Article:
Identifying intrinsic biases toward gender, race and culture in artificial intelligence systems requires a structured analysis of data collection and machine learning, and of how results are parsed by humans. AI-supported decisions by government, corporations and scholars can be unintentionally tainted by such inequities. In a detailed report citing numerous real-world examples, social scientists and engineers offer solid suggestions about how to adjust AI algorithms, aiming for fairness to millions who may be affected. The article is required reading for anyone involved in business and policy decisions, and concerned by the ethics of AI systems.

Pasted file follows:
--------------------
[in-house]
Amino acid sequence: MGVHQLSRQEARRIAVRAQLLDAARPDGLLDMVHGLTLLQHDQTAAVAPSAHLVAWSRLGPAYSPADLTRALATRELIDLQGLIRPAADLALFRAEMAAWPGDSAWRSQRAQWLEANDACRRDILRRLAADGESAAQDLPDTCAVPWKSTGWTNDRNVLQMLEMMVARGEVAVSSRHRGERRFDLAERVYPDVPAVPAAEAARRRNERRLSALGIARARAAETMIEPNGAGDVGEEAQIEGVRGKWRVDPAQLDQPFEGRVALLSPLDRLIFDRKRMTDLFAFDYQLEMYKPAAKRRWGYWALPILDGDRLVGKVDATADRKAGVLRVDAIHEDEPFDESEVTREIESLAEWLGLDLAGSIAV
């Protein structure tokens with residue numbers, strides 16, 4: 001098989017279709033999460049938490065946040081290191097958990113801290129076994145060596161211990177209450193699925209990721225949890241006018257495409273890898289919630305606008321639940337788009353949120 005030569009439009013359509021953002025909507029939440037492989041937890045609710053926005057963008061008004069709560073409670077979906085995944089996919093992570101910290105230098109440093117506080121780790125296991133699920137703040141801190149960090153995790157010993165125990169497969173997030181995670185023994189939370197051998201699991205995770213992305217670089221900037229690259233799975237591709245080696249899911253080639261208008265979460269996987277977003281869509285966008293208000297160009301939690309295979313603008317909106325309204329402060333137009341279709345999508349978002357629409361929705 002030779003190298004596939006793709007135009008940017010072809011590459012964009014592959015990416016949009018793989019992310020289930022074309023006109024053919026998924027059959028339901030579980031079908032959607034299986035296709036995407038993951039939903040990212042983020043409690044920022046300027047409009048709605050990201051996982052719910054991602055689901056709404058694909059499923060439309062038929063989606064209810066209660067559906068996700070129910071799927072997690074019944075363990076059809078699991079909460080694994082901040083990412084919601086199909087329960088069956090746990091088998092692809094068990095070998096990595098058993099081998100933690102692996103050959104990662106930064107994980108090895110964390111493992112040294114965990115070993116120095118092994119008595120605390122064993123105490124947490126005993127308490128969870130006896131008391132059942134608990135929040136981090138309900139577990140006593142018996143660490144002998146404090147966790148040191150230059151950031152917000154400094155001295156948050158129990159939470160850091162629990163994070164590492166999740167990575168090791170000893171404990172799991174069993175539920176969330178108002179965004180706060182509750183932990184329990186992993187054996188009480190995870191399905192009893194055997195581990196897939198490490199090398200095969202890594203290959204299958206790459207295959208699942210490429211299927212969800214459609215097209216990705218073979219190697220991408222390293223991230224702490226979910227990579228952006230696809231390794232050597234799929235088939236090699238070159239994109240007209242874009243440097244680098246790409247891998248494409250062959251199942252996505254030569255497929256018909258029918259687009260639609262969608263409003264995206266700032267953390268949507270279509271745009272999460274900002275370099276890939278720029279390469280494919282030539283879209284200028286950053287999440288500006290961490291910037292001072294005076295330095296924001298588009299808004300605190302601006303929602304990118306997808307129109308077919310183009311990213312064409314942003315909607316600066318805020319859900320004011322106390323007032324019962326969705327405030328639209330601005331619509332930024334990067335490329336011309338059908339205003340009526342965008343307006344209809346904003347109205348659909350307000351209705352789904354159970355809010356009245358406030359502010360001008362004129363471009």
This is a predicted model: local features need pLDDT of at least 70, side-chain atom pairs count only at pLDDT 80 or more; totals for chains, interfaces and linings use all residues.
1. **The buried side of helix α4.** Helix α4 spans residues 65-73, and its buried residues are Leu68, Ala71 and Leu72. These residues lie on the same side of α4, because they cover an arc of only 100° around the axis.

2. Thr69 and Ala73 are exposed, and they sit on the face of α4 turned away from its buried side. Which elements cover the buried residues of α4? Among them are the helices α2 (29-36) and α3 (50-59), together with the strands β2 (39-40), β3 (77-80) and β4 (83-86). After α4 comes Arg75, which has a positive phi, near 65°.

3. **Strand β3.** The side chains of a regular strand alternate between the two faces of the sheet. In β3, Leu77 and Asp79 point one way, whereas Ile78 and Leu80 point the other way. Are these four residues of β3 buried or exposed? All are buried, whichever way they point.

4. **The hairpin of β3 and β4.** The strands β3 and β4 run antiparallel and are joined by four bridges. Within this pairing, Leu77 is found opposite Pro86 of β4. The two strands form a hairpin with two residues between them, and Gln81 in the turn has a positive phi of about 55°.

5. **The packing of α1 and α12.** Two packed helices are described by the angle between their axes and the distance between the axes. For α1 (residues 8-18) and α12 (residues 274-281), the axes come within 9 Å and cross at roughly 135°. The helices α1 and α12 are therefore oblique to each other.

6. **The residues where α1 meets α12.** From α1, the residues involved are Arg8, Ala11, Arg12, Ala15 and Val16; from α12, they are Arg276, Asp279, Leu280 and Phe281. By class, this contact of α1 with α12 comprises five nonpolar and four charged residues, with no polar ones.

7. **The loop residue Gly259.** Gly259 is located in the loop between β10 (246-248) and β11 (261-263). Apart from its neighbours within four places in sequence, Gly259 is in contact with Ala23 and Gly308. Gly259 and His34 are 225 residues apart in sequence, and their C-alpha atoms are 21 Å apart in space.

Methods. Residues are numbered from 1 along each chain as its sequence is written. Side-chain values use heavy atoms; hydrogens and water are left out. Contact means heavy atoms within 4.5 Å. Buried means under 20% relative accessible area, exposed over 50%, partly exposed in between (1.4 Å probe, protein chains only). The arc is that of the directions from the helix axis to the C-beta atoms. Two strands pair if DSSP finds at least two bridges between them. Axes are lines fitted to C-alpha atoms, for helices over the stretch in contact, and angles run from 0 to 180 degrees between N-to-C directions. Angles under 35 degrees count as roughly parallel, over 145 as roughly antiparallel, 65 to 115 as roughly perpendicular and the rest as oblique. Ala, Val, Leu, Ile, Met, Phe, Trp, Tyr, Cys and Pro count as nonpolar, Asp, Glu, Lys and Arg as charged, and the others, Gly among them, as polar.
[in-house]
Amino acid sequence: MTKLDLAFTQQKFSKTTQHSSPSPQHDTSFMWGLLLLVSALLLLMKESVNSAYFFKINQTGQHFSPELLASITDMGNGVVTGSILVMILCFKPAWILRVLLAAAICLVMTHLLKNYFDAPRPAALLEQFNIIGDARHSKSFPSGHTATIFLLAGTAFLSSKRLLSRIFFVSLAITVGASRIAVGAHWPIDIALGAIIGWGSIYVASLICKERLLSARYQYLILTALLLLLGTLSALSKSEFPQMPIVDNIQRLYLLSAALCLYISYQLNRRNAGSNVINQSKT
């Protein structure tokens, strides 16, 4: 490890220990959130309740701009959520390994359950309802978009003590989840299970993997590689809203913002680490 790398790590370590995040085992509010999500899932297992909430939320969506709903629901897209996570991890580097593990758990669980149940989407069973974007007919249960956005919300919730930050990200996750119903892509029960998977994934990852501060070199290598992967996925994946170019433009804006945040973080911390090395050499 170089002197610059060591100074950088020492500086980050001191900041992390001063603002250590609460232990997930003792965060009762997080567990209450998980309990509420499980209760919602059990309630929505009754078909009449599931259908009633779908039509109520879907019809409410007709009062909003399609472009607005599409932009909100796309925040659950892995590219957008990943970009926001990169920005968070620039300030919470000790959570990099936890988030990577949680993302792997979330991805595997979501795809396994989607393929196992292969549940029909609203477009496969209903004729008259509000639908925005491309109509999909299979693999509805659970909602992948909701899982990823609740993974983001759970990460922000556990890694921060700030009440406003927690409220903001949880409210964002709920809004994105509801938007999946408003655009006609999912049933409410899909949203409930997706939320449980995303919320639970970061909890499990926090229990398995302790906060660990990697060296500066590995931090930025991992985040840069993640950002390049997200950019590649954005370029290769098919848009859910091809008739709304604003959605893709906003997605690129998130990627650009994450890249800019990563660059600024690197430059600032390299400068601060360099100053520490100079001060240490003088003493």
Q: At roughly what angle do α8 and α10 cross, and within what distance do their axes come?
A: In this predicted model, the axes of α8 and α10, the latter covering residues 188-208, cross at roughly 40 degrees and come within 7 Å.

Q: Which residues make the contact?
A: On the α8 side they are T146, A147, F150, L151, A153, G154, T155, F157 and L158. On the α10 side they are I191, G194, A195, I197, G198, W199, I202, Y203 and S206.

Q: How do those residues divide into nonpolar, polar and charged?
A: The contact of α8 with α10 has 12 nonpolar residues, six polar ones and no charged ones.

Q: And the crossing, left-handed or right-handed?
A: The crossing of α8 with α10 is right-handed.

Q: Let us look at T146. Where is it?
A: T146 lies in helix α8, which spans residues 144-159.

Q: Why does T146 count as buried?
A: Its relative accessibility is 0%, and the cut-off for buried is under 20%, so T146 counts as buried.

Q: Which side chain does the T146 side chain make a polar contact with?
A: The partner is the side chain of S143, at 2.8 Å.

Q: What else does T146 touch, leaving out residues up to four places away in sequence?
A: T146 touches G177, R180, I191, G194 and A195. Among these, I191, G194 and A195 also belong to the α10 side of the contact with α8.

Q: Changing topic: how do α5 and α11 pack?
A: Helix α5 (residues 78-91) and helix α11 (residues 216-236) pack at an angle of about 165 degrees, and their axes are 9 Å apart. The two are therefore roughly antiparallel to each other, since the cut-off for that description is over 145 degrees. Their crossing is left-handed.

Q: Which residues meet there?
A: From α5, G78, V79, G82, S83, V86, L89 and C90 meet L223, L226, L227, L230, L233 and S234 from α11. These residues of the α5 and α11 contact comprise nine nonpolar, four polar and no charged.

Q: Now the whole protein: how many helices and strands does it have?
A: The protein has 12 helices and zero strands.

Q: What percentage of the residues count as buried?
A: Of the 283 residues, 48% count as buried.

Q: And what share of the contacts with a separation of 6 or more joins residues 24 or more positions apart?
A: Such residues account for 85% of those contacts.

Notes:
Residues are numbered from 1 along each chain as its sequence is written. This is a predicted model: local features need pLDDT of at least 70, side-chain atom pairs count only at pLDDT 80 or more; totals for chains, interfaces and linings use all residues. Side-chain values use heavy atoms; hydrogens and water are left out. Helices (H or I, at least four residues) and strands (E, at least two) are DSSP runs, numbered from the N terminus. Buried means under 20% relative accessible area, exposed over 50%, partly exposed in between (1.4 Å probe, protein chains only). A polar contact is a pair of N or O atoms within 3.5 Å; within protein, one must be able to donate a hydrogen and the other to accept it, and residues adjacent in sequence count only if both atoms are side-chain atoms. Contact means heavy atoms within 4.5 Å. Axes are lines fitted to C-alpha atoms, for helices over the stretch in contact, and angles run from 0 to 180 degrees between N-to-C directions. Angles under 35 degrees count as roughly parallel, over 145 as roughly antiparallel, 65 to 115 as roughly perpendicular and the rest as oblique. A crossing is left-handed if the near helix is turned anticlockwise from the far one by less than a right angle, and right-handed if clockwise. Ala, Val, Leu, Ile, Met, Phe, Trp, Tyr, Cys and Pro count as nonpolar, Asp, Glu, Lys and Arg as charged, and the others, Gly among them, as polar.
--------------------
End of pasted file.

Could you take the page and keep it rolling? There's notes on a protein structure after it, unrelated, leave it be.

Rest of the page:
About the Authors
James Zou is assistant professor of biomedical data science and (by courtesy) of computer science and electrical engineering, Stanford University. Londa Schiebinger is the John L. Hinds Professor of History of Science and director of Gendered Innovations in Science, Health & Medicine, Engineering, and Environment, Stanford University.